I've gotten several emails since "Unforgettable Weeks" concluded asking about the timetable for the next installment on the Regan and Andy series.
Surely I couldn't have really meant 2018!
Yes, I could (and don't call me Surely).
As with so many things in life, there is a long version and a short version to why it will be at least two years before "Unimaginable Lives" makes an appearance.
The short version: I'm a bit lazy and I have more important things to do when I'm not being lazy. (Nothing like the cold, hard truth, is there?)
Now the long version:
I am a father, a husband, a brother, an uncle, a friend and an employee. Each of those titles takes precedence over the title of writer. I compose these stories when I have exactly nothing else that requires my attention.
I write, on average, three to five hours each week. Even if I were to start today and keep that pace (which is unrealistic, since … see the paragraph above) it would be a year before I finished the story.
The final part of the trilogy is outlined at 150+ chapters. Those don't magically appear on my computer. I sent away for some "Writing Gremlins" that I saw advertised on the back of a match book but their only language was Sanskrit and … and they used too many adverbs for my taste.
Although it might not seem like it to the members of the Grammar Police and Pedant Society, each chapter that appears on SOL usually took four to five hours of somebody's labor to produce.
I usually spend 50 to 100 hours of research before I put the first sentence down. The research isn't just into locations or potential professions. It encompasses character personalities (how would Character A react, etc.) and plot progression.
I don't plan to start writing Unimaginable Lives for another six to eight weeks because I still have research to do. The writing will take anywhere from a year to 18 months to complete.
Some stories, such as Daze in the Valley, took three or four years to write (on top of another year of research into the subject matter). Even shorter stories such as Emerald Cove and Lifeline took six or nine months to write because of the intricate subject matter.
It takes time.
That's just the steps in the process that involve just little old me. The rest require input from others.
My editor, BlackIrish, is in high demand. I am not the only writer he works with and I'm not the best writer he works (if you haven't read G. Younger's stories, now is the time). I don't get preference on his time - and, as with me, he has other things to do in his life.
Our system lets him look at partially completed works and that helps but it will still take him time to cull through a long story, make corrections and send it back.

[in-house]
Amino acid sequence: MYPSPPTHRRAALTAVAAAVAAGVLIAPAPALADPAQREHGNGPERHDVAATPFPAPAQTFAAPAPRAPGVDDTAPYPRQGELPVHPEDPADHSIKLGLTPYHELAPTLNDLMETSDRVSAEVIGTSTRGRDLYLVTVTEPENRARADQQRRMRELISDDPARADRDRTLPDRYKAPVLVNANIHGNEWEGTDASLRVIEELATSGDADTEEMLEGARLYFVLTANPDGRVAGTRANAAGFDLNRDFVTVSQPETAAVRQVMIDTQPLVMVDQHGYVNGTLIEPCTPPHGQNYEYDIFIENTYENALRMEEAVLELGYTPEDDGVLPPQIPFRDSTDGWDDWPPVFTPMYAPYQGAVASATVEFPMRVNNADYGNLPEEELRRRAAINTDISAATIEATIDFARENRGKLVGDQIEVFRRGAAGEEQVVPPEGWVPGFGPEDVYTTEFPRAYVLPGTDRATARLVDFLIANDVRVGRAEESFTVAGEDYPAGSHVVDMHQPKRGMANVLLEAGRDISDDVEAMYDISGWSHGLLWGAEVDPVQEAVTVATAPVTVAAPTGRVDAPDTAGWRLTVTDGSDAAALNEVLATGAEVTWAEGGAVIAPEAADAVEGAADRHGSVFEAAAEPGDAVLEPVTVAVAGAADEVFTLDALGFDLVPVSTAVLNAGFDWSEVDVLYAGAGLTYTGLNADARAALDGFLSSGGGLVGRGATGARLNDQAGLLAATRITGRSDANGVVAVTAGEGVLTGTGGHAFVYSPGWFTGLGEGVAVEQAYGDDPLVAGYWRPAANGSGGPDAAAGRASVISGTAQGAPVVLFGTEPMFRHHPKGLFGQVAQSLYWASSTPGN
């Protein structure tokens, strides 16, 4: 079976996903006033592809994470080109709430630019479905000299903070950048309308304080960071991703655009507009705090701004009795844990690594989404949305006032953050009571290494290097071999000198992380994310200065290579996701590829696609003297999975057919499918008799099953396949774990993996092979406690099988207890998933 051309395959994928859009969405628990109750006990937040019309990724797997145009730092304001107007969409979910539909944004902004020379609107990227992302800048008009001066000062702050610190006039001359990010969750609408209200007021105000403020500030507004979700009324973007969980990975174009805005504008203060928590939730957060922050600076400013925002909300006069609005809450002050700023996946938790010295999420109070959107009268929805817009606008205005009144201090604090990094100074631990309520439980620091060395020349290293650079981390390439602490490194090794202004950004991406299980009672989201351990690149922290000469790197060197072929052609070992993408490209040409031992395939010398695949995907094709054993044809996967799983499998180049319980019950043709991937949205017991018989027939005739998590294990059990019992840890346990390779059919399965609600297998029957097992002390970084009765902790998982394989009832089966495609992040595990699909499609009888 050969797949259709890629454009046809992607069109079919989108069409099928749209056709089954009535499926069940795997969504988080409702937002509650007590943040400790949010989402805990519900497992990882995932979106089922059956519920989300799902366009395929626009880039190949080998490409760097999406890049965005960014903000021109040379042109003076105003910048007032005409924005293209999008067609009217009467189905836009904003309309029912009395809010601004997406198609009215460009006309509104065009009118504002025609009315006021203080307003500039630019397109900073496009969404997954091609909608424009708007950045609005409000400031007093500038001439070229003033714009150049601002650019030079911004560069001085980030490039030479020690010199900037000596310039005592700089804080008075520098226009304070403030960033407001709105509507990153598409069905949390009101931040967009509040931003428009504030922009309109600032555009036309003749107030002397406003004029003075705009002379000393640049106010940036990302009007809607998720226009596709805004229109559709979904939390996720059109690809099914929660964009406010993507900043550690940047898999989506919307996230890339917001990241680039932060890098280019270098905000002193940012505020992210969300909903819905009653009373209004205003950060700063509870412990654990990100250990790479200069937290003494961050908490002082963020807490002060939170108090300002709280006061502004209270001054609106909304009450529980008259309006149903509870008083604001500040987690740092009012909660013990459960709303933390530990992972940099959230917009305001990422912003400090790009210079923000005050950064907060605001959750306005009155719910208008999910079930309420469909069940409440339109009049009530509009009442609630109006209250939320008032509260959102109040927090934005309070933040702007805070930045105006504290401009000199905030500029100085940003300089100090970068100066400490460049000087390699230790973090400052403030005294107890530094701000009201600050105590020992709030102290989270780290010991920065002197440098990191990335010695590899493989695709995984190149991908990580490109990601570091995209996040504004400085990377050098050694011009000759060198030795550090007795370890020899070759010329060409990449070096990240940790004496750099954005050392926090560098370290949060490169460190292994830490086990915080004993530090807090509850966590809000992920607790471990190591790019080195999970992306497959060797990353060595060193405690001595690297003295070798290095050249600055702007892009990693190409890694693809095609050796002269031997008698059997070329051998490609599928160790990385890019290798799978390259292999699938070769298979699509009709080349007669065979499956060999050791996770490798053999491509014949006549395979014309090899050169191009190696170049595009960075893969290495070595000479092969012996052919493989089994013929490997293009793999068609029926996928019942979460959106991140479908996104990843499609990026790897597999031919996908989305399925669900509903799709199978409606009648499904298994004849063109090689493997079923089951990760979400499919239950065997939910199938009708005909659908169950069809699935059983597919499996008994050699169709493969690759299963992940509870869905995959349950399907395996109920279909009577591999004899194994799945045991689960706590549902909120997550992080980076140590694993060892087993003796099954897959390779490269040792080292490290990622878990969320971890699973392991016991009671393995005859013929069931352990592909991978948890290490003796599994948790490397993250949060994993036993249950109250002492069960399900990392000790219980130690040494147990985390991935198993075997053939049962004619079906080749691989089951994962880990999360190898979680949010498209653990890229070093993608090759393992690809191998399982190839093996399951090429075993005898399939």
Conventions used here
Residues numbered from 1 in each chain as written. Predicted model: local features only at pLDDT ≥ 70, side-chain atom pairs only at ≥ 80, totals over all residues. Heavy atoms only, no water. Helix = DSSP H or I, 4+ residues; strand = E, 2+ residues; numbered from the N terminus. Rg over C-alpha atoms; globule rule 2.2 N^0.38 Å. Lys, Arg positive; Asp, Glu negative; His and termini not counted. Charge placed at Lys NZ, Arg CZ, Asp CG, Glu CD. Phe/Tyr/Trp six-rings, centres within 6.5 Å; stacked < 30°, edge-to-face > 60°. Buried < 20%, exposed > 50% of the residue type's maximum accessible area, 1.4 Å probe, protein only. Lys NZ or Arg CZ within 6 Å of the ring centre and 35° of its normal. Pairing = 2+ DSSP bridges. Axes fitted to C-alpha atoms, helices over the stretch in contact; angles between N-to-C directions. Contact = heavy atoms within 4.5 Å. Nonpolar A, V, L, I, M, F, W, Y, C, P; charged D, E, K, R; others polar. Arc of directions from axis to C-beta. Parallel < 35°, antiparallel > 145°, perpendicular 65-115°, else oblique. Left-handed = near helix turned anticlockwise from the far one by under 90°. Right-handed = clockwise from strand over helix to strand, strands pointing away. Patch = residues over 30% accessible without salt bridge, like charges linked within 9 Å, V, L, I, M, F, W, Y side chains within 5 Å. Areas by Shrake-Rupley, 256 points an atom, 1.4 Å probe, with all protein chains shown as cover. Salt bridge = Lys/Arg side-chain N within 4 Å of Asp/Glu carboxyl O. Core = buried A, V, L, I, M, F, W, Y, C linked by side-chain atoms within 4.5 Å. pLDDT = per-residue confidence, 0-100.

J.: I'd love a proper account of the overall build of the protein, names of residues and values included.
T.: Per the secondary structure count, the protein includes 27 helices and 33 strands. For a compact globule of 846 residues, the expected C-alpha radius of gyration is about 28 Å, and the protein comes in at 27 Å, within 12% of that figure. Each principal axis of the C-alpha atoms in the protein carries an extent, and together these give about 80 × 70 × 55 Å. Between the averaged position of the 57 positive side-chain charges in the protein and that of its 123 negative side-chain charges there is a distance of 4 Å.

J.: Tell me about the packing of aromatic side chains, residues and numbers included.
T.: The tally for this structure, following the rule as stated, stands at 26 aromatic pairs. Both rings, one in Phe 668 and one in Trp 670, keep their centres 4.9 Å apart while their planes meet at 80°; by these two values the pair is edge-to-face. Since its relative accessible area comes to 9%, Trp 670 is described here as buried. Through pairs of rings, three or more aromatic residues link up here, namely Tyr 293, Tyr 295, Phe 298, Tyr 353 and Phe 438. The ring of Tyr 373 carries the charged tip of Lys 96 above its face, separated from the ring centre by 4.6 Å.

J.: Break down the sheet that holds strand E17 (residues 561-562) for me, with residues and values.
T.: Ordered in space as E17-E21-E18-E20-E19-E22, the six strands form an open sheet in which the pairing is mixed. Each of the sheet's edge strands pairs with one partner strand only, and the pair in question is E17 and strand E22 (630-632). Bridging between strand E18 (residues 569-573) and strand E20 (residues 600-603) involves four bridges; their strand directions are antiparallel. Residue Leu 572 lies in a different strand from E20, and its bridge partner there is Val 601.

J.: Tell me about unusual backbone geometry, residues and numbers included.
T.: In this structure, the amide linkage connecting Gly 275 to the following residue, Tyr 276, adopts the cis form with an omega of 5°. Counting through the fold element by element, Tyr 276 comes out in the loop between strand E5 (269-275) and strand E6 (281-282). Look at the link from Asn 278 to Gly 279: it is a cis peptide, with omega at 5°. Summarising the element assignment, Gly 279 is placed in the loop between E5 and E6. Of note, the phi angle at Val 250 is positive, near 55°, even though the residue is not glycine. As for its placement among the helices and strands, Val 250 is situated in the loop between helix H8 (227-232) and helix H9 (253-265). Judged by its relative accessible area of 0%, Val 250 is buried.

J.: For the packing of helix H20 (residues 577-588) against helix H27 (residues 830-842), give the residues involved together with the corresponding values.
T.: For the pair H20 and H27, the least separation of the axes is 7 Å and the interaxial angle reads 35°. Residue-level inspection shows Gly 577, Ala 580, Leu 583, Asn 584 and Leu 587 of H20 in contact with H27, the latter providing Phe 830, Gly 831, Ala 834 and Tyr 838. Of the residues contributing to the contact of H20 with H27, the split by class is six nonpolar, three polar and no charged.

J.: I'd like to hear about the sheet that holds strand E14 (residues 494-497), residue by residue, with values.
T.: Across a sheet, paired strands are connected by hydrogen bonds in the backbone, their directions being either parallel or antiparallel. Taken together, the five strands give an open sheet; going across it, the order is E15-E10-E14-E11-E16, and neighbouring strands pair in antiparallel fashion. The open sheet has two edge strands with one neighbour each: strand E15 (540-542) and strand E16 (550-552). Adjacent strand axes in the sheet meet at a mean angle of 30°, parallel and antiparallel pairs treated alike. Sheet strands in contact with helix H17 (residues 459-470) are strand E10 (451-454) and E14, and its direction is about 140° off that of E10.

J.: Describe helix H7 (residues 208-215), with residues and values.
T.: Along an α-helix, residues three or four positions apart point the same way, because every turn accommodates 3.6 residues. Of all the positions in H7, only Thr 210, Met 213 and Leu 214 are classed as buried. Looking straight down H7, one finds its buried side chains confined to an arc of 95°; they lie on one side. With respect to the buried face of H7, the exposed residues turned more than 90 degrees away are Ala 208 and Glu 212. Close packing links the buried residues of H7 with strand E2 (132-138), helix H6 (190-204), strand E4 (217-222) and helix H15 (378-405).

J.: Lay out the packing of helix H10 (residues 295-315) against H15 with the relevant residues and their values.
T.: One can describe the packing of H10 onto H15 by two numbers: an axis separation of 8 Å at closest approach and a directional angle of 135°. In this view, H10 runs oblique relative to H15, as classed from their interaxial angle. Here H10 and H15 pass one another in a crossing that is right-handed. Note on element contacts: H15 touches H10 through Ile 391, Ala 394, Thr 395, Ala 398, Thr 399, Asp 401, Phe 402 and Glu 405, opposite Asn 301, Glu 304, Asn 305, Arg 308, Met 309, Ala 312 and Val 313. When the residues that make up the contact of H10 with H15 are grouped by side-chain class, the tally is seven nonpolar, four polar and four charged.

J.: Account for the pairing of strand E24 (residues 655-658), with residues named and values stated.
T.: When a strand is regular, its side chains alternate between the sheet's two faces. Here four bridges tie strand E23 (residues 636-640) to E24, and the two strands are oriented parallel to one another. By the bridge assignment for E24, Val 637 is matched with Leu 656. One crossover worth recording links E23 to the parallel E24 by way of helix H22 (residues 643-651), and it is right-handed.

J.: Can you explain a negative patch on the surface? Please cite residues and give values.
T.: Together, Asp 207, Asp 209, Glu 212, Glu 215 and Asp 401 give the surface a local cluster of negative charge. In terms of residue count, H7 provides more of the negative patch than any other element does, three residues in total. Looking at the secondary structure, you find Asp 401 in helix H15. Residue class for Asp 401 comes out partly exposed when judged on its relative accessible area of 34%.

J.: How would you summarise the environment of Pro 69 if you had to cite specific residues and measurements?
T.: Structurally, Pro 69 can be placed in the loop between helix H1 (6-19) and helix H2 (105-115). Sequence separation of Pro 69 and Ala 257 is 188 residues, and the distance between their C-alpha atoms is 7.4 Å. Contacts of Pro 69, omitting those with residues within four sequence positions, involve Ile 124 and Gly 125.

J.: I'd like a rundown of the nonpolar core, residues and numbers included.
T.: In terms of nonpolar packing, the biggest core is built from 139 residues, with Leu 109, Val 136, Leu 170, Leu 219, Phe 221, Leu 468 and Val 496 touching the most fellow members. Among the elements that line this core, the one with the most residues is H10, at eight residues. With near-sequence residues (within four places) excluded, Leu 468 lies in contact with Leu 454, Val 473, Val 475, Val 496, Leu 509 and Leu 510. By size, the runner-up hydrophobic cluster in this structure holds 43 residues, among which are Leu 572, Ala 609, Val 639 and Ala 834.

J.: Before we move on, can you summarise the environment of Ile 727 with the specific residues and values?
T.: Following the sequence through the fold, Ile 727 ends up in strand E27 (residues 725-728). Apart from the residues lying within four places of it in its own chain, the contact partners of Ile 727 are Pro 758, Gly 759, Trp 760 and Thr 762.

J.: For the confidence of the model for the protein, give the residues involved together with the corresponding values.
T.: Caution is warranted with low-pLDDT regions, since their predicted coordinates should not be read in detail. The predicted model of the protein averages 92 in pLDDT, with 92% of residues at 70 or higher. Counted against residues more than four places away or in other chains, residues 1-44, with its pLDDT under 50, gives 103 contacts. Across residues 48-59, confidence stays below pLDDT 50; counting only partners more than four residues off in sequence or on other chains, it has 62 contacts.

Usually his notes and ideas spur at least three more chapters or several lengthy rewrites (or, in the case of A Flawed Diamond, an entire story).
After BlackIrish has done his thing, I separate the story into chapters and get them formatted for SOL. This usually takes me about two weeks or more because this part is tedious and I don't like to do it.
I ship the individual chapters off to the proofreading crew. As with BlackIrish, this group works with other writers. As with everyone else in the process, they have other parts of their lives that come first.
I use a two-tiered proofing system. I sent the files off to one person - usually 10 or 15 chapters at a time. It takes about two weeks to get them turned around and then I send them off to a second proofer. They come back to me when they come back and not a minute sooner. My most recent proofers have been extremely quick but it still takes a month by the time the first set of files is back in my hands.
Only when I have 15-20 chapters in hand (and formatted) will I start to post. I dislike huge gaps in a story. Since I post in a serialized format, I won't leave the reader hanging for two months unless it is completely unavoidable.
The timeline for a story is usually the same:
One month to plot and outline;
Three to six months to research and change plot and outline;
Twelve to 18 months to write, correct and rewrite;
One to two months for top-to-bottom editing;
Two weeks to a month for additions or rewrites;
Two weeks to a month for formatting;
One month for proofreading.
I generally average two years from the time I start to write until the time I start to post on SOL on large stories (more than 50 chapters). I thought 2018 was a pretty generous estimate (because it doesn't factor in real-life constraints or that that I sometimes get so tired of writing about the same people that I walk away from them for a couple of months).
I included it so I wouldn't get a stream of emails from people asking when the next part is coming out.
So, to provide an answer to everybody that has asked, yes, 2018 is when I plan to release the next section of the story.
I will have other stories in the interim (stories I've been working on for the past three or four years while other stories have been posted).
I plan to post three novel-length stories between now and the time that Unimaginable Weeks rolls around.
I hope that explains the situation a little better.